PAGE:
Meniere’s disease, formerly known as Endolymphatic Hydrops, is a heightened pressure within the labyrinth. This can cause hearing loss, vertigo, and tinnitus. Usually, Meniere’s only affects one side, though bilateral cases have been reported. There is no cure for Meniere’s disease, though medication can be used to manage it. Those suffering from Meniere’s usually feel the pressure building before an episode of the condition. After a few years, the condition can go away naturally.
What Are Balance Disorders?
Balance disorders are any condition that leads to a loss of balance or sense of vertigo/dizziness. These might be caused by simple things such as ear infections or low blood pressure, or a more serious issue like tumors or improper blood circulation. Regardless of what causes a balance disorder, it can lead to serious problems. A person with balance problems might feel like they’re tipping over, spinning, or floating, even when they’re standing still. Some people with balance disorders report experiencing vertigo when they turn their head, especially when getting out of bed or rolling over. They might stumble from time to time, hold walls to center themselves, or find themselves dragged to the ground. The severity of balance disorders can vary from person to person, and the cause of your balance problems can determine how bad they will be.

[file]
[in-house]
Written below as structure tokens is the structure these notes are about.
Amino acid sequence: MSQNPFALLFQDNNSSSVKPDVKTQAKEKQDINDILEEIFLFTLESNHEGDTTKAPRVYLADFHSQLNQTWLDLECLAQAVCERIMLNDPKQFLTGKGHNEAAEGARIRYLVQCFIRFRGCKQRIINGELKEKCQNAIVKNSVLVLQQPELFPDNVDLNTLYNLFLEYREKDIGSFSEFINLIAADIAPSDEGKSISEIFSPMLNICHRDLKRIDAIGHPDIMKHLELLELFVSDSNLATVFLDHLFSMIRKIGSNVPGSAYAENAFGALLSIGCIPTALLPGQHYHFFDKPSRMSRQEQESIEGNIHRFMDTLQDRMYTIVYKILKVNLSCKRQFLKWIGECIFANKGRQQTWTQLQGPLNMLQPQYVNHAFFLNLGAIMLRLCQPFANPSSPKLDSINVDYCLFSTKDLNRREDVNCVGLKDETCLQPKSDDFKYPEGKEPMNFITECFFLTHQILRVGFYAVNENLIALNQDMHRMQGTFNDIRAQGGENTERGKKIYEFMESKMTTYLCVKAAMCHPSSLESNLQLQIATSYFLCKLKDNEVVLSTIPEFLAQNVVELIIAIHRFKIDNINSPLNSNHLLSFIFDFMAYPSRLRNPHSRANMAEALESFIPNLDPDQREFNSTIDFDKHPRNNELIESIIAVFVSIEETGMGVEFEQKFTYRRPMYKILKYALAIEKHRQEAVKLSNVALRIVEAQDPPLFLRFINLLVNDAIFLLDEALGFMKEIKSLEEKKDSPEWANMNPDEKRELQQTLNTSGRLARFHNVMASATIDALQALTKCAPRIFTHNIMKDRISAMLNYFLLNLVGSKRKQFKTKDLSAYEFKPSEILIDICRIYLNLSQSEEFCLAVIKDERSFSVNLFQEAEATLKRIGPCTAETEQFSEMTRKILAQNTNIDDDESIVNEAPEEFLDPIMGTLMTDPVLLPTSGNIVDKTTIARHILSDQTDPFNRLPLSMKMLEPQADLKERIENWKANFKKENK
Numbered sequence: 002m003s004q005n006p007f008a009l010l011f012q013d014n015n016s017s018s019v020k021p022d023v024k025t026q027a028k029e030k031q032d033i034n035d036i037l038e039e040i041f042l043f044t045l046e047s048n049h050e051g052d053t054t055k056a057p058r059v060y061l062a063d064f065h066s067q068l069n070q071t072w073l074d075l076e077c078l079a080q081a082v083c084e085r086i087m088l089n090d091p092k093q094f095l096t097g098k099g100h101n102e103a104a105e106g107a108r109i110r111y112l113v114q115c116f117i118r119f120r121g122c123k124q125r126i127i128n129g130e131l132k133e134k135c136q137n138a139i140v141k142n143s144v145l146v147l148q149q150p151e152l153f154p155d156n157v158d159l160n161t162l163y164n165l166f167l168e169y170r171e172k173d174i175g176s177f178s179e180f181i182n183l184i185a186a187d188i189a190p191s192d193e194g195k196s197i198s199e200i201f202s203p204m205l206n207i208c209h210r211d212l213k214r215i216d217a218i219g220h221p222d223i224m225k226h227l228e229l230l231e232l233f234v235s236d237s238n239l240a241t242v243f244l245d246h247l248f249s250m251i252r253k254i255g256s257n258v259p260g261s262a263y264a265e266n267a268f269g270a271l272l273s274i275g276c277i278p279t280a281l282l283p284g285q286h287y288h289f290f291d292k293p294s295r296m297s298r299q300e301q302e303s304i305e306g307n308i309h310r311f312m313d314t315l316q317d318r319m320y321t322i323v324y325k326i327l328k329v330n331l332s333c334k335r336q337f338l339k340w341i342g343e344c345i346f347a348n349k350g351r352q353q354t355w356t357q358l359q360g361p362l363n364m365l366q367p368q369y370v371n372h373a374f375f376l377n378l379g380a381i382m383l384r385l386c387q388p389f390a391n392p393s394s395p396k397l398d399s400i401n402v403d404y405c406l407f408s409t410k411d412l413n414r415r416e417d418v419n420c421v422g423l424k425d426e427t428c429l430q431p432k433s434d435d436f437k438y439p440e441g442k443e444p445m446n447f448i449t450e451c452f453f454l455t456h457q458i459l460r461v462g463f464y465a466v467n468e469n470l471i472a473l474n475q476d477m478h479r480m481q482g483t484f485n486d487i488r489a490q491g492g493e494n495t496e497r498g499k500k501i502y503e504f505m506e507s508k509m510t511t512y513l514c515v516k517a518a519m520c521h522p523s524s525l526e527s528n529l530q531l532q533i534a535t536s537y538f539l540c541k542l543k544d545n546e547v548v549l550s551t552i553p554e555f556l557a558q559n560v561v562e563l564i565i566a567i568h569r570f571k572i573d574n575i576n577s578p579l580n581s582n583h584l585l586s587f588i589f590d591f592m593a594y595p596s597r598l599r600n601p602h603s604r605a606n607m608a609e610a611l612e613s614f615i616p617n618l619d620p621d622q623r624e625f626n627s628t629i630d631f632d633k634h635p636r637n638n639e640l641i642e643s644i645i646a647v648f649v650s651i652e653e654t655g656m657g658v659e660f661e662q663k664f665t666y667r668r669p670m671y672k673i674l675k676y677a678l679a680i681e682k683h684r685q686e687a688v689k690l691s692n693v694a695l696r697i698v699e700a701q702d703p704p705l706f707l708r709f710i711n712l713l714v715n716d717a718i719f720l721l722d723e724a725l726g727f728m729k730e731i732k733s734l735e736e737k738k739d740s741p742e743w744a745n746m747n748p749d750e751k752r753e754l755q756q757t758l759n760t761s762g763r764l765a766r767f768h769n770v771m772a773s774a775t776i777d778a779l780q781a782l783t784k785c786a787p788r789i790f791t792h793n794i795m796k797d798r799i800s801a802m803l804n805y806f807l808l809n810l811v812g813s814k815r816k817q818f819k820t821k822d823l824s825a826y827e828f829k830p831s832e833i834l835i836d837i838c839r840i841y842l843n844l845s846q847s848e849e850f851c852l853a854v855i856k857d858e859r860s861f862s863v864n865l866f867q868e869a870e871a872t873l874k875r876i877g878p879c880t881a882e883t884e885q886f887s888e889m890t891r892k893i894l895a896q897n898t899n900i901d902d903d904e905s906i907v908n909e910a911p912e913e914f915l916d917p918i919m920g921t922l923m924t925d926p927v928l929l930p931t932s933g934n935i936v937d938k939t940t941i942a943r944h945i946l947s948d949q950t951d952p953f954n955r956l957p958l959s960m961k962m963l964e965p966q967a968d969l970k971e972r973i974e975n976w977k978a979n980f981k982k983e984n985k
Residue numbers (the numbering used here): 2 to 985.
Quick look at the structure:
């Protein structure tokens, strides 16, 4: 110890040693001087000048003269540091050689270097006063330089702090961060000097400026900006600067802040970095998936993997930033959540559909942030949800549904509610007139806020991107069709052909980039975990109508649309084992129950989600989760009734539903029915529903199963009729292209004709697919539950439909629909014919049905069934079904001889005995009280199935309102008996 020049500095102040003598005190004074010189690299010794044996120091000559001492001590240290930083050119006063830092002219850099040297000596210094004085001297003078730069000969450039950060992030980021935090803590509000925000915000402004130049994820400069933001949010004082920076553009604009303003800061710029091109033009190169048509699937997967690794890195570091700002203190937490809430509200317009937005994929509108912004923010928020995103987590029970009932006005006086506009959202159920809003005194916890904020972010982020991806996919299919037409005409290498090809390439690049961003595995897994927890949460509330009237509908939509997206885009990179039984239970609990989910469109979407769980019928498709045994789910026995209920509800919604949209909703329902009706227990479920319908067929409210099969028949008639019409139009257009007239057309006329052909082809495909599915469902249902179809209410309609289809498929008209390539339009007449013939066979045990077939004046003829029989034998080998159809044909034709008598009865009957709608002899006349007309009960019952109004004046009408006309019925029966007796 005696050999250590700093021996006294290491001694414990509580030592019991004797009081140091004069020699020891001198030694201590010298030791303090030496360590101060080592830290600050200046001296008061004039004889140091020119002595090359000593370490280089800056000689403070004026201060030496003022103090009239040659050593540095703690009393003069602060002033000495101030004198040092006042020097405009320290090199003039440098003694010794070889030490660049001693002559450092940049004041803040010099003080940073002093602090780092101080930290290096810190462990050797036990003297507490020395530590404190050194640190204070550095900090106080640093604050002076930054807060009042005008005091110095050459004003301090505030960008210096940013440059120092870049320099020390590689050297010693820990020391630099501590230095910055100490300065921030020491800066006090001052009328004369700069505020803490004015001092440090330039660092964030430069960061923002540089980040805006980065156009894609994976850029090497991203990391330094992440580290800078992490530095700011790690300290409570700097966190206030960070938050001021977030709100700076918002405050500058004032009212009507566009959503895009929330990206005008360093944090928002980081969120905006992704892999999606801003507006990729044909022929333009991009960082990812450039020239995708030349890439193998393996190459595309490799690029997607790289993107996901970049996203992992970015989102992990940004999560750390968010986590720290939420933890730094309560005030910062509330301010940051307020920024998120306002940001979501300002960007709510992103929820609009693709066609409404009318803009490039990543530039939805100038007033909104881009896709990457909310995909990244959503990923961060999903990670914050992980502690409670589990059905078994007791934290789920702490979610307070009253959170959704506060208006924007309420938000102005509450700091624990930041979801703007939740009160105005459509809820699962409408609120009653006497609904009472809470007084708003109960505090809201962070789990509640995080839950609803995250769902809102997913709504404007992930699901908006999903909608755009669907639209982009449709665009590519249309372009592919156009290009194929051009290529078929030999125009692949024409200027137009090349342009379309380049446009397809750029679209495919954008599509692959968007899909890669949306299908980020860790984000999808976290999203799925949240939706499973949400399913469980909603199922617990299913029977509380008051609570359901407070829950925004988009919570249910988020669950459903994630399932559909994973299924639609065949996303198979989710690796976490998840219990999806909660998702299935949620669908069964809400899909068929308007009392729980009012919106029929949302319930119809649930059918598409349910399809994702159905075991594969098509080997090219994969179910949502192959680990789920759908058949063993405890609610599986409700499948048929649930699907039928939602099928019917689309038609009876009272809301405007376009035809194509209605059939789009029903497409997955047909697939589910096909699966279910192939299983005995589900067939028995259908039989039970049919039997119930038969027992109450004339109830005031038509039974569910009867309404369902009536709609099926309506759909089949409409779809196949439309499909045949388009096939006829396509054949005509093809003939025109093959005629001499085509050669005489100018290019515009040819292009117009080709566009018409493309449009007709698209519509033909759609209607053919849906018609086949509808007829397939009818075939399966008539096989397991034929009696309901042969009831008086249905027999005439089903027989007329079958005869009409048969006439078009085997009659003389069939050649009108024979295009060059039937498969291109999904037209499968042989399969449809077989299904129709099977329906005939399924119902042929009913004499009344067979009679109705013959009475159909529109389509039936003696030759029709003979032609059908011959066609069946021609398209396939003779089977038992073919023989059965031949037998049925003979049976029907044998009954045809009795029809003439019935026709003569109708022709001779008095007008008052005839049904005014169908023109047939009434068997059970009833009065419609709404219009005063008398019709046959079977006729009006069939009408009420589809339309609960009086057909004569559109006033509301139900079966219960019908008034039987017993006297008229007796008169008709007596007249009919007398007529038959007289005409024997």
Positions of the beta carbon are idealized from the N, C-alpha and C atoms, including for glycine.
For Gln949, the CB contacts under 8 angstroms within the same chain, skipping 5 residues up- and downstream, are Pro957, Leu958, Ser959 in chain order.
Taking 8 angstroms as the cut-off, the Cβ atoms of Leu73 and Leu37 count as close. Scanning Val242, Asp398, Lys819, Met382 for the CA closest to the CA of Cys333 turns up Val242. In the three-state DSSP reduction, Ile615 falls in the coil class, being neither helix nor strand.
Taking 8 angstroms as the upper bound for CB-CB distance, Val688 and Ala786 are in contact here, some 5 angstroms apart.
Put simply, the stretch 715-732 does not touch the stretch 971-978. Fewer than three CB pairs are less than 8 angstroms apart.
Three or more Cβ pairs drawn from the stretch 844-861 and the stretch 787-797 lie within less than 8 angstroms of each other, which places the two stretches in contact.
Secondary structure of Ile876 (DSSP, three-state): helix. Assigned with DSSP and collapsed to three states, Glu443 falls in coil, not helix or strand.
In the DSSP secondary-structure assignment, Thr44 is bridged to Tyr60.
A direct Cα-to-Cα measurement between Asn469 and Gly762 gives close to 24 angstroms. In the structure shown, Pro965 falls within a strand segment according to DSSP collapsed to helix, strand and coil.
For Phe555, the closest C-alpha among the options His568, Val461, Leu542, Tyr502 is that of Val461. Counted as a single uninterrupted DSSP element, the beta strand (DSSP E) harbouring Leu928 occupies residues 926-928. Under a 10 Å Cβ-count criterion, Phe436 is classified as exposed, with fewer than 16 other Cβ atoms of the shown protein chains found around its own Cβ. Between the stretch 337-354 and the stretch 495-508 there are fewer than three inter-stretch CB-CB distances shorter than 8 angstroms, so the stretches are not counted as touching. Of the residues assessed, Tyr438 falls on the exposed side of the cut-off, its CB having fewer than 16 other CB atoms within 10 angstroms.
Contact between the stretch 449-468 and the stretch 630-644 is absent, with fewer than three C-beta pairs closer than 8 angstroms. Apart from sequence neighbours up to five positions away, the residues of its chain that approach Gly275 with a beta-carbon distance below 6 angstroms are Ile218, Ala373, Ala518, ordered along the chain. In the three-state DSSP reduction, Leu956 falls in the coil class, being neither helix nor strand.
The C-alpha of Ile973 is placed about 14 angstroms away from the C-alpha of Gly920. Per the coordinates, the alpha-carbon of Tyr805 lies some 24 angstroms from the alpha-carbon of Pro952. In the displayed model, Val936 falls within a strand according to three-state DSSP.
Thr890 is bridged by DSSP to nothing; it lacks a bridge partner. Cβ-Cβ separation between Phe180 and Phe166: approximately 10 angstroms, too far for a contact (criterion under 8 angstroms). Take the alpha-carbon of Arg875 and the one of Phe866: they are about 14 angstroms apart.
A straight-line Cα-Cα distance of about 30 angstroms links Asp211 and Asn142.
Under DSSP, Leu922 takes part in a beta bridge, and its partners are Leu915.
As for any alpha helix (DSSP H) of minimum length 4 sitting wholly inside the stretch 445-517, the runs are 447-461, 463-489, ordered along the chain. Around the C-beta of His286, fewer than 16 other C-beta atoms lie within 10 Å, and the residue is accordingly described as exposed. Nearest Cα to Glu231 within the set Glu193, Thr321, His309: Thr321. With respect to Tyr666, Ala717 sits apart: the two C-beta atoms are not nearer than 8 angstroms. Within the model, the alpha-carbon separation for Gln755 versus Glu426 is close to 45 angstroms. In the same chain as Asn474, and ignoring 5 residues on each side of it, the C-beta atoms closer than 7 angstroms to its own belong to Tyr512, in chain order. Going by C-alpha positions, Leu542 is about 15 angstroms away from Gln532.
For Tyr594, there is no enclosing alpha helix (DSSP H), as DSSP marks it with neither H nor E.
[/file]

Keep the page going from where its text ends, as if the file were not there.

Common causes of balance disorders are:
• Positional vertigo, or benign paroxysmal positional vertigo (BPPV). A harmless condition caused by age or a head injury. It causes vertigo when loose otoconia, or bio-crystals, tumble around in your semicircular canals.
• Labyrinthitis. Explained above.
• Vestibular neuronitis. Labyrinthitis without hearing loss.
• Mal de Debarquement syndrome (MdDS). A leftover sensation from prolonged movement. Many people experience this after extended periods in the ocean or on a boat. You might feel like you’re still at sea, bobbing and swaying. Some people even experience this after long runs on a treadmill.
• Meniere’s disease. Explained above.
• Perilymph fistula. This occurs when fluid from the inner ear leaks into the middle ear. This can occur at birth, after head injuries or surgery, during infections, or after scuba diving.
Balance Disorder Treatment
The treatment of balance disorders largely depends on the cause of your condition. Infections can be treated with antibiotics, while illnesses like Meniere’s disease require other medications. Many people with permanent or untreatable balance problems seek out ear balance disorder exercises. These exercises are known as Vestibular Rehabilitation Therapy, or VRT.
These exercises help desensitize their balance system to certain movements, making it easier for the person to move around without triggering their vertigo. While it might not completely solve the problem, it can prevent falls and make vertigo easier to live with. Many people who receive VRT have fewer problems bending over, turning their head, and walking over patterned floors.
These exercises must be performed properly to have any positive effect. A VRT specialist can help you learn more and guide you through the exercises. It’s important to do these exercises in the presence of a counselor. They will keep you from falling if you become overwhelmed and challenge you when the exercises become too easy.
If this article helped you gain a better understanding of your hearing and sense of balance, you might be interested in learning more about your ears. Signia regularly publishes articles relating to hearing loss, audiology, and how to better care for your ears.